He responded, “No one really knew whether we would be successful or not. My father always looked at what the conservatories and universities were doing and figured they were doing it very well. They were meeting the need for that, so there was no reason for people to come to us if we offered the same thing. We were always about identifying and creating educational opportunities for which there was a demand that wasn’t being met elsewhere.

“We began moving this vision forward by offering such technology-based courses and majors as film scoring, electronic music, and audio recording in 1980. Once we began accepting electric guitar as a principal instrument, it opened the door to the whole electronic revolution. In looking back, that was the first incursion of technology. It came through rock music, in a way. We started a small audio recording program in the 1970s, and that later grew to become the Music Production and Engineering Major. Later we followed that up with a Music Synthesis Major. The Film Scoring Major also involved technology.

“As technology became more pervasive in music and in life, I felt a strong sense of commitment to it because the more Berklee became technologically sophisticated, the more it set us apart from the conservatories and other music schools. The more distinctive the education we offered, the stronger our identity would be and demand for a Berklee education would increase. That is exactly what transpired.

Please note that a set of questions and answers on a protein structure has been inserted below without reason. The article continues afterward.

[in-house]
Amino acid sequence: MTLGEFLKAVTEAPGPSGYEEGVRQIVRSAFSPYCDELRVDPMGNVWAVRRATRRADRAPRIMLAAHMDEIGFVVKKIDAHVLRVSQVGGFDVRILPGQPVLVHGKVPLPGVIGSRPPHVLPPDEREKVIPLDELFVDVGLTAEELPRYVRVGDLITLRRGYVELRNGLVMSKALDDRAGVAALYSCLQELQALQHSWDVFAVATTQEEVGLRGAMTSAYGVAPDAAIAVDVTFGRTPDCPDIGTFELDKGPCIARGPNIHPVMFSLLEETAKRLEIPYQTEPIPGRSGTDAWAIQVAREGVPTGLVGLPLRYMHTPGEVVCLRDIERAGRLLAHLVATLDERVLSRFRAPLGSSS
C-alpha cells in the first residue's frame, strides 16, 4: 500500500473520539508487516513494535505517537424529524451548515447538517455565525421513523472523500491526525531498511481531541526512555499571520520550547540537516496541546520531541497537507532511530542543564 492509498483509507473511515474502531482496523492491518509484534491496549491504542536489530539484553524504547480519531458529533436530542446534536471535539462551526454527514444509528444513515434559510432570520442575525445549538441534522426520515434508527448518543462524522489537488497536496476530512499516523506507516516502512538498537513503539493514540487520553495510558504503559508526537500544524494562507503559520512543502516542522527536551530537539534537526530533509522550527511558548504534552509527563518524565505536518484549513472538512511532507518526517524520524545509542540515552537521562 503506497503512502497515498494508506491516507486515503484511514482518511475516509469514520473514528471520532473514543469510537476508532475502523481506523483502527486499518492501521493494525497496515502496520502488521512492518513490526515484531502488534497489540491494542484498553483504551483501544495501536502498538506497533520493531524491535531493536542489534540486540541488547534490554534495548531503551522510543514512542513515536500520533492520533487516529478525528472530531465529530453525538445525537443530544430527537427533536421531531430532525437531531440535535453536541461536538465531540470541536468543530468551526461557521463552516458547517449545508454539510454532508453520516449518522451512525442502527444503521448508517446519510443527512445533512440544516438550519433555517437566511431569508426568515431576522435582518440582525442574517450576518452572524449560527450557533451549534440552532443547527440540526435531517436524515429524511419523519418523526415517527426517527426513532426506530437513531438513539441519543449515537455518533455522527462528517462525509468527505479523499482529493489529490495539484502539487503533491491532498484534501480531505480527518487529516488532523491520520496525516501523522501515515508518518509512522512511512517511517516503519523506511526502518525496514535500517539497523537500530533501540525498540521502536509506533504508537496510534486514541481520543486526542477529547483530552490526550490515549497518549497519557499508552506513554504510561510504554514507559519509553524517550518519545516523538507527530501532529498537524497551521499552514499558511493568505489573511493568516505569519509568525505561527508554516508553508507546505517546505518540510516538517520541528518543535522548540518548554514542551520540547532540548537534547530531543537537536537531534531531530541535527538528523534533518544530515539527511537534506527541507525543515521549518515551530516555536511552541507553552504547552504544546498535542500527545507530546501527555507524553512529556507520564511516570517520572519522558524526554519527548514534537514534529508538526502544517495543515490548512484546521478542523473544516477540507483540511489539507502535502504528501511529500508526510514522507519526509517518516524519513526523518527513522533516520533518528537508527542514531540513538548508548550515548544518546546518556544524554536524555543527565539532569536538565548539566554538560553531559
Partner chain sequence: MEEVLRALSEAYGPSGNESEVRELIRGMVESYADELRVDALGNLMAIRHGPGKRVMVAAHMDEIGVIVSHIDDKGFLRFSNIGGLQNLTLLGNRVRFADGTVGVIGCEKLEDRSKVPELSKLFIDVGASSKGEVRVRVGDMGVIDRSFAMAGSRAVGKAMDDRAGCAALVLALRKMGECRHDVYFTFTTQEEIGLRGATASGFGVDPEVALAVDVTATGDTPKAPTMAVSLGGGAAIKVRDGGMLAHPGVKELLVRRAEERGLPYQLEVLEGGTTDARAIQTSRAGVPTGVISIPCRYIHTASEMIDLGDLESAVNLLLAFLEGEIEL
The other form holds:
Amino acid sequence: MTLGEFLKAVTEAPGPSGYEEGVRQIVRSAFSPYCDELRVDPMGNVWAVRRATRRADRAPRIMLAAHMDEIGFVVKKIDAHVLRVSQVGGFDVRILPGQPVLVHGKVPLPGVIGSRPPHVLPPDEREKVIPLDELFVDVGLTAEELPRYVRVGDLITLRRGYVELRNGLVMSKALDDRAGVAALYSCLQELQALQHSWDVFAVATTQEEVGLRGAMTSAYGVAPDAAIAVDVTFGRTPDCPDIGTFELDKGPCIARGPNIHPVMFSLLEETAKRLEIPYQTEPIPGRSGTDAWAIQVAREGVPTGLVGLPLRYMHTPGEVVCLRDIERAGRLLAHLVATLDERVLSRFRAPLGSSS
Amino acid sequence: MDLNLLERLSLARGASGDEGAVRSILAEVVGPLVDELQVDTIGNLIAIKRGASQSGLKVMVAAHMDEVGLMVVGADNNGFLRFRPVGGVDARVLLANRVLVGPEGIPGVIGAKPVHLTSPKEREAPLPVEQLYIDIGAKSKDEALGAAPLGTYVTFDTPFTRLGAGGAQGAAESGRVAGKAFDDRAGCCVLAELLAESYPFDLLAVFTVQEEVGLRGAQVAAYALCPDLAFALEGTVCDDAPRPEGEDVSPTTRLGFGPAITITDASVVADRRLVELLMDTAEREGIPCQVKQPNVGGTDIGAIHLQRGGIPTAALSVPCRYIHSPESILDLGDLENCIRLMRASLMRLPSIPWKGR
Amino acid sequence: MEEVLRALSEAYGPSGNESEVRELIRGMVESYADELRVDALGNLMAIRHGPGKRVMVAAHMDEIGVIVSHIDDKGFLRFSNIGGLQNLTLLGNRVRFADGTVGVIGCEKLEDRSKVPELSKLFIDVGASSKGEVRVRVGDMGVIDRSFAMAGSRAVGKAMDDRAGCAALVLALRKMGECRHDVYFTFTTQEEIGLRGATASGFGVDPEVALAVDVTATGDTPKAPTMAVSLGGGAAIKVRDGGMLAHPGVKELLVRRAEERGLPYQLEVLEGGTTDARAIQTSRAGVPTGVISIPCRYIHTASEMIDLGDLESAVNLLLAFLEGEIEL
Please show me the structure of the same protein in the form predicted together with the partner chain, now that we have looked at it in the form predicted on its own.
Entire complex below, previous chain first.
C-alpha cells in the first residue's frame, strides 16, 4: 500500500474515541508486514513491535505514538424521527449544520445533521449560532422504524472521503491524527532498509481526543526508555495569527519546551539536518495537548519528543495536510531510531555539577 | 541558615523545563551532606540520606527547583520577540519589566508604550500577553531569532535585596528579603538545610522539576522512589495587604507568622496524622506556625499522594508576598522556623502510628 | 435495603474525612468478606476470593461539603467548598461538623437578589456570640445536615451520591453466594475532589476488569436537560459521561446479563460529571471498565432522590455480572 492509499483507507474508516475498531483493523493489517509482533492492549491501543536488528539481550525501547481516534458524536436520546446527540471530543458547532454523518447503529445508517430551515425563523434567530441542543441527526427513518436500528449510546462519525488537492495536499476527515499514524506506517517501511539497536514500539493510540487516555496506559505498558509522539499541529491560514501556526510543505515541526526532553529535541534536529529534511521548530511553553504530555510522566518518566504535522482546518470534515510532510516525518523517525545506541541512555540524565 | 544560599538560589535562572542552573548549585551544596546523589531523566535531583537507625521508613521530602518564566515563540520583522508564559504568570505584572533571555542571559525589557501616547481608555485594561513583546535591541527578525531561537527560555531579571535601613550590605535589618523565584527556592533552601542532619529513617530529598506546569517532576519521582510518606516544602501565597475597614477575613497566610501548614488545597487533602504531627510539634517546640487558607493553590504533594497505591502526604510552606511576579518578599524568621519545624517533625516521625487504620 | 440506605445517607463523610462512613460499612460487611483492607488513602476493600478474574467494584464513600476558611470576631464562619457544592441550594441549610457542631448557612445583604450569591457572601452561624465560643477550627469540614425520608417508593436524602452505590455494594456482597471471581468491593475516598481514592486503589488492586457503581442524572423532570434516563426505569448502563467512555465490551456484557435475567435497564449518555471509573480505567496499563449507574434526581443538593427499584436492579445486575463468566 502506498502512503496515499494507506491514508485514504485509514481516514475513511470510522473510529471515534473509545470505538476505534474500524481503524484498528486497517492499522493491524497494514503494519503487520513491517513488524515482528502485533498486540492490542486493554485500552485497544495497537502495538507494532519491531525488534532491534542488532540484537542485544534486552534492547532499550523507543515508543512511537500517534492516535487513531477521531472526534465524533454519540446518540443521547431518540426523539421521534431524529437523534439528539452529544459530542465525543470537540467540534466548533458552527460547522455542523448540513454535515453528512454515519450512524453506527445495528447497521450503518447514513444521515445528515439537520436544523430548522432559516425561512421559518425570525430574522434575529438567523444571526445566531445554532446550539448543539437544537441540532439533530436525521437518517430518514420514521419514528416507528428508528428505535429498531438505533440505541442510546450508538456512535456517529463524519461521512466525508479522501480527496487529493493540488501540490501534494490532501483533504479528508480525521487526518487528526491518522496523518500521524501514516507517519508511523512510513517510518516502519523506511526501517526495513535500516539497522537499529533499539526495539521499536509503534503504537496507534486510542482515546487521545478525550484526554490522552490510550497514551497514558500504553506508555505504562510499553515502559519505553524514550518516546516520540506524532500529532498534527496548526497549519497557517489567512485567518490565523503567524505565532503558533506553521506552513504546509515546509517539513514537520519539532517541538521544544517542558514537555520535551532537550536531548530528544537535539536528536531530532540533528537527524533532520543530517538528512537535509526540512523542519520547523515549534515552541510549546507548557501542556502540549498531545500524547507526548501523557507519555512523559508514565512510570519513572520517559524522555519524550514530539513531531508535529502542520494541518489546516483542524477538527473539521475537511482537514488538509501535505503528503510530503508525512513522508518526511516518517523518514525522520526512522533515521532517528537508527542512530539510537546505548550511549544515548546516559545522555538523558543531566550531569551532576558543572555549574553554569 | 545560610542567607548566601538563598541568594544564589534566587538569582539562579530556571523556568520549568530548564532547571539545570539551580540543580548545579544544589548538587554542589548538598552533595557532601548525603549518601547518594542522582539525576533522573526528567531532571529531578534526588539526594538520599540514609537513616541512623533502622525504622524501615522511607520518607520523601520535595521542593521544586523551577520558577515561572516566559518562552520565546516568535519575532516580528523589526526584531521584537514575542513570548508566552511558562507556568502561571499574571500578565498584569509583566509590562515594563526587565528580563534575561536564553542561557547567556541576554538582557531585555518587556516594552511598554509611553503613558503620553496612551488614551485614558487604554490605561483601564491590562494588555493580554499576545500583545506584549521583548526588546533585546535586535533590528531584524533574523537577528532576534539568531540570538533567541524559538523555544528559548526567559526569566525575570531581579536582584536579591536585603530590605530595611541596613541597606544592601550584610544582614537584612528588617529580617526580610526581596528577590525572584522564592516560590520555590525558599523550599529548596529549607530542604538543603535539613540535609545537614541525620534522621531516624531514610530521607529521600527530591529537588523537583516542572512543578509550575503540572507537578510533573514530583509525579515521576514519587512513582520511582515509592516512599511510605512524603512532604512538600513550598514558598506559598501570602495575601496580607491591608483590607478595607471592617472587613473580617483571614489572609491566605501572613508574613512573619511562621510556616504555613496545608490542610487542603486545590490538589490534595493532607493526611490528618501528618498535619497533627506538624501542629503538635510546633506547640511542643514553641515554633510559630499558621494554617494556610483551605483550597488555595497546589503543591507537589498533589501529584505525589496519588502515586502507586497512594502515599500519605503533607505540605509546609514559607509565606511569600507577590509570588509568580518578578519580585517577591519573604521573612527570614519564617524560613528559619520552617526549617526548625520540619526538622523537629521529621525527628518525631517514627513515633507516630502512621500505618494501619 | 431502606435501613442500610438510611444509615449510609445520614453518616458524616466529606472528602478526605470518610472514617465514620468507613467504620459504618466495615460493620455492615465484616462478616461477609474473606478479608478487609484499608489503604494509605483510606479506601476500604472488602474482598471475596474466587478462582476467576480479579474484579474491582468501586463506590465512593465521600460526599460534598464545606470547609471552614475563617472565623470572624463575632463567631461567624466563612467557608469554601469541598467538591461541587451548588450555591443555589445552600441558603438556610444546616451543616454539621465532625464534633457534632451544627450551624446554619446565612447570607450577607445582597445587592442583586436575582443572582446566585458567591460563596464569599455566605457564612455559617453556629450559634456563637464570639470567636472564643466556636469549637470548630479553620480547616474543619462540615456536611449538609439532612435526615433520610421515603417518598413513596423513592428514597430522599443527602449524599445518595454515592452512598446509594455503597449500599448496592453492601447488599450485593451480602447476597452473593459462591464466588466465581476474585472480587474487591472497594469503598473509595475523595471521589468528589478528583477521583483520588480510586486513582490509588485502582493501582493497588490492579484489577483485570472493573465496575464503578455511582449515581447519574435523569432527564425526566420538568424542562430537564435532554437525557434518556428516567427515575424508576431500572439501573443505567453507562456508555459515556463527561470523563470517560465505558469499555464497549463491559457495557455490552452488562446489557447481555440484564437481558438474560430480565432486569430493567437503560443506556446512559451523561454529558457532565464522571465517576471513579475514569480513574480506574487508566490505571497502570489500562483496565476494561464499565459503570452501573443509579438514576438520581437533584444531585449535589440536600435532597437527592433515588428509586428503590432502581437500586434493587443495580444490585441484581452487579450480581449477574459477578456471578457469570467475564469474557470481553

“The move into technology more than anything else has made Berklee become the college of the music industry. We developed strong relationships with many product manufacturers and received support from them along the way. The music industry recognized the importance of the education we were offering. For a decade, we have been the leading college working with the industry, turning out people who were technologically capable with all the new gear.”

Retired to Western US

Upon retiring, Dr Berk and his wife Susan moved to Santa Fe, NM, and continued working in music. He was appointed commissioner of music for the state of New Mexico by Governor Bill Richardson and was involved in the founding of the New Mexico School for the Arts. The Berks began producing concerts for Friends of Santa Fe Jazz.

In 2014, after relocating to a senior living community in Phoenix, they partnered with fellow resident Martin O’Sullivan to launch a highly-successful concert series, which started with 40 patrons and today has 370 resident subscribers. I was privileged to have worked with Lee in achieving some common goals for our respective communities.

On October 21, while running a jazz-related errand, Dr. Lee Berk suffered a fatal heart attack at the age of 81.

Lew Shaw started writing about music as the publicist for the famous Berkshire Music Barn in the 1960s. He joined the West Coast Rag in 1989 and has been a guiding light to this paper through the two name changes since then as we grew to become The Syncopated Times.  47 of his profiles of today's top musicians are collected in Jazz Beat: Notes on Classic Jazz. Volume two, Jazz Beat Encore: More Notes on Classic Jazz contains 43 more! Lew taps his extensive network of connections and friends throughout the traditional jazz world to bring us his Jazz Jottings column every month.